Gratitude is not like dynamite which can shatter rock in an instant - think of gratitude as a trickle of water that will eventually cut through a wall of rock as long as that water flows consistently. It takes time, but genuine gratitude opens locked doors and promotes healing. Take this road trip for example: instead of focusing on how much you dread it because of a bad experience in the past, make a list of all the positive things associated with it that you can look forward to. Your list might include things like: “the trip will give me a break from normal household tasks”, “the trip will give me the opportunity to watch my husband interact with our children”, etc. When you have given it some thought (aim for 10 things to be truly grateful for), you can communicate those points of gratitude to your husband - not all at once, but little by little (like that trickle of water), whenever the topic of the road trip comes up. Let him know you appreciate his thoughtfulness in choosing to take the family on this trip, and explain why you consider it so thoughtful. Perhaps you already make a point to show (with your words) your husband gratitude many times a day? Then simply step it up to the next level. Show EXTRA gratitude. Make every day a chance to construct a new list of gratitude points - things you are grateful to your husband for - and share those little gems when you speak to him. Your husband may not reciprocate any of this gratitude, so this will take a lot of courage on your part. My challenge to you is to show your gratitude anyway, even if he is rude and doesn’t acknowledge it.

  5. I wanted to give you an update: I took your advice. I have been writing him a note each day to express thanks/admiration for a particular character attribute or a particular thing that he does. He has been enfolding me in an embrace and kissing my hair, something that he is not in the habit of doing. He will just come up and take me in his arms without me coming towards him first. This is huge. I still feel like I'm in a dream and might wake up! :-)

    My husband is quite tall and I'm rather short, so it's like getting engulfed. I remember when we were first married (and before a ton of pregnancies!) I sometimes felt like I was going to get lost in his arms! What a feeling! The current baby is six months old and I still have a ways to go, but now I want to hurry up and lose the pounds so I can get lost again. :-)

    1. Thanks for the update. It's wonderful to hear it. Keep being the encourager with your show of gratitude - it's good for you and its good for your marriage.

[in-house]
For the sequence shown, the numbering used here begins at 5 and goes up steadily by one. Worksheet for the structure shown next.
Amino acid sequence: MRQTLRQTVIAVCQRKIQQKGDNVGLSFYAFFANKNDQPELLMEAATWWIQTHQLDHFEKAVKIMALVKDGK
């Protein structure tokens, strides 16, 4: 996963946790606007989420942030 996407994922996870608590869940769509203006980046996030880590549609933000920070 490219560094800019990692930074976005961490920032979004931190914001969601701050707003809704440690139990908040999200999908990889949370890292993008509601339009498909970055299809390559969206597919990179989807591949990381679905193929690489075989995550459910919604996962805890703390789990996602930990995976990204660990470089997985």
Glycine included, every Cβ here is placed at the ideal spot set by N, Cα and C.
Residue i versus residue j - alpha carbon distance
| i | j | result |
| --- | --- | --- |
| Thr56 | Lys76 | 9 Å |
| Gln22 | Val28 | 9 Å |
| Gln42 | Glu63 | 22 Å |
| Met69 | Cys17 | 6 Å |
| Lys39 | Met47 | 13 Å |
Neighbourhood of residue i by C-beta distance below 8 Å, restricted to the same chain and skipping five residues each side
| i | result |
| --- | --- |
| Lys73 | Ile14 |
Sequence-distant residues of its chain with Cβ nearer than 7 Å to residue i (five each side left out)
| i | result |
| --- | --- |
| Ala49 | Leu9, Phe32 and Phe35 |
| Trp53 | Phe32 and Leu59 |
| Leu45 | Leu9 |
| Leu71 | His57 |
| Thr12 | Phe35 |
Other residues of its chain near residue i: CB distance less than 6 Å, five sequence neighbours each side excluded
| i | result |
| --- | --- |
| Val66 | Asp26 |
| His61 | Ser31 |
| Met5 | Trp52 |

2. I'm continuing to do what you suggested, and the difference is incredible. I still think I'm going to wake up from a dream. I am so happy. I still write notes; I don't feel comfortable talking really yet.

      I even have more energy physically. I homeschool three of my children and the other three are toddlers and an infant. By noon I'm exhausted. But now I feel like I can get through a day.

      It's really incredible how one small thing can make you fall in love all over again.

    3. Thanks for sharing the progress, Anonymous. This not a dream - this is the real-life process of loving selflessly and relationship building. Of course there will be bad days when it will feel like everything is unravelling. There will be days when you will wonder if the effort is worth it (because it does take effort to express oneself through giving). On those days, it is important to remember that the little things ALWAYS count (like encouraging little love notes), and that one step back and two steps forward is far better than no growth at all. Focus on the little things for now, and later the bigger things that you desire (like deep conversations and enhanced intimacy) will follow. Love generously, and enjoy being loved!

  6. Anonymous1/7/13 05:41

    I'm not married for long but already I'm worried. My husband is the silent type and that scares me. I believe marriage should be based on honesty, respect, love, being your self and able to be free in front of your partner. I always believed my husband should be my best friend. I remember saying to people that if you can't talk to your partner you should not be with them and now I'm in a silent marriage. we are different but I always considered that as a good thing. you can't learn new things from a person who is 100% same as you are. but now I think I was mistaking. I think that difference that I liked about him made him dislike me. He wants to control me. He always has his opinions on how I should dress, how I should behave, how I should talk and I don't feel free to be my self around him and that makes me so unhappy. I know it all comes from him not being pleased of himself and he tries to fix me instead fixing himself. I've been so weak in front of him, cried a lot, asked questions and he stays silent and with a blunt expression or most of the times angry with me and always in the end I apologise for everything. He never apologises about anything. I tried his way and did it to him and when he said he doesn't like it I would ask: if you don't like it than why do you do that to me? He would say it's not the same. He doesn't need it and I do to grow as a person. Once I had enough and told him to stop criticising me and if he has nothing nice to say he should not say anything at all. So now he says nothing. I don't know what to do anymore. If I don't start a conversation or initiate passion he will do nothing. The only thing that is left is for me to stop trying and hope that will trigger something in him. I feel stressed all the time and sad. Don't know what to do anymore.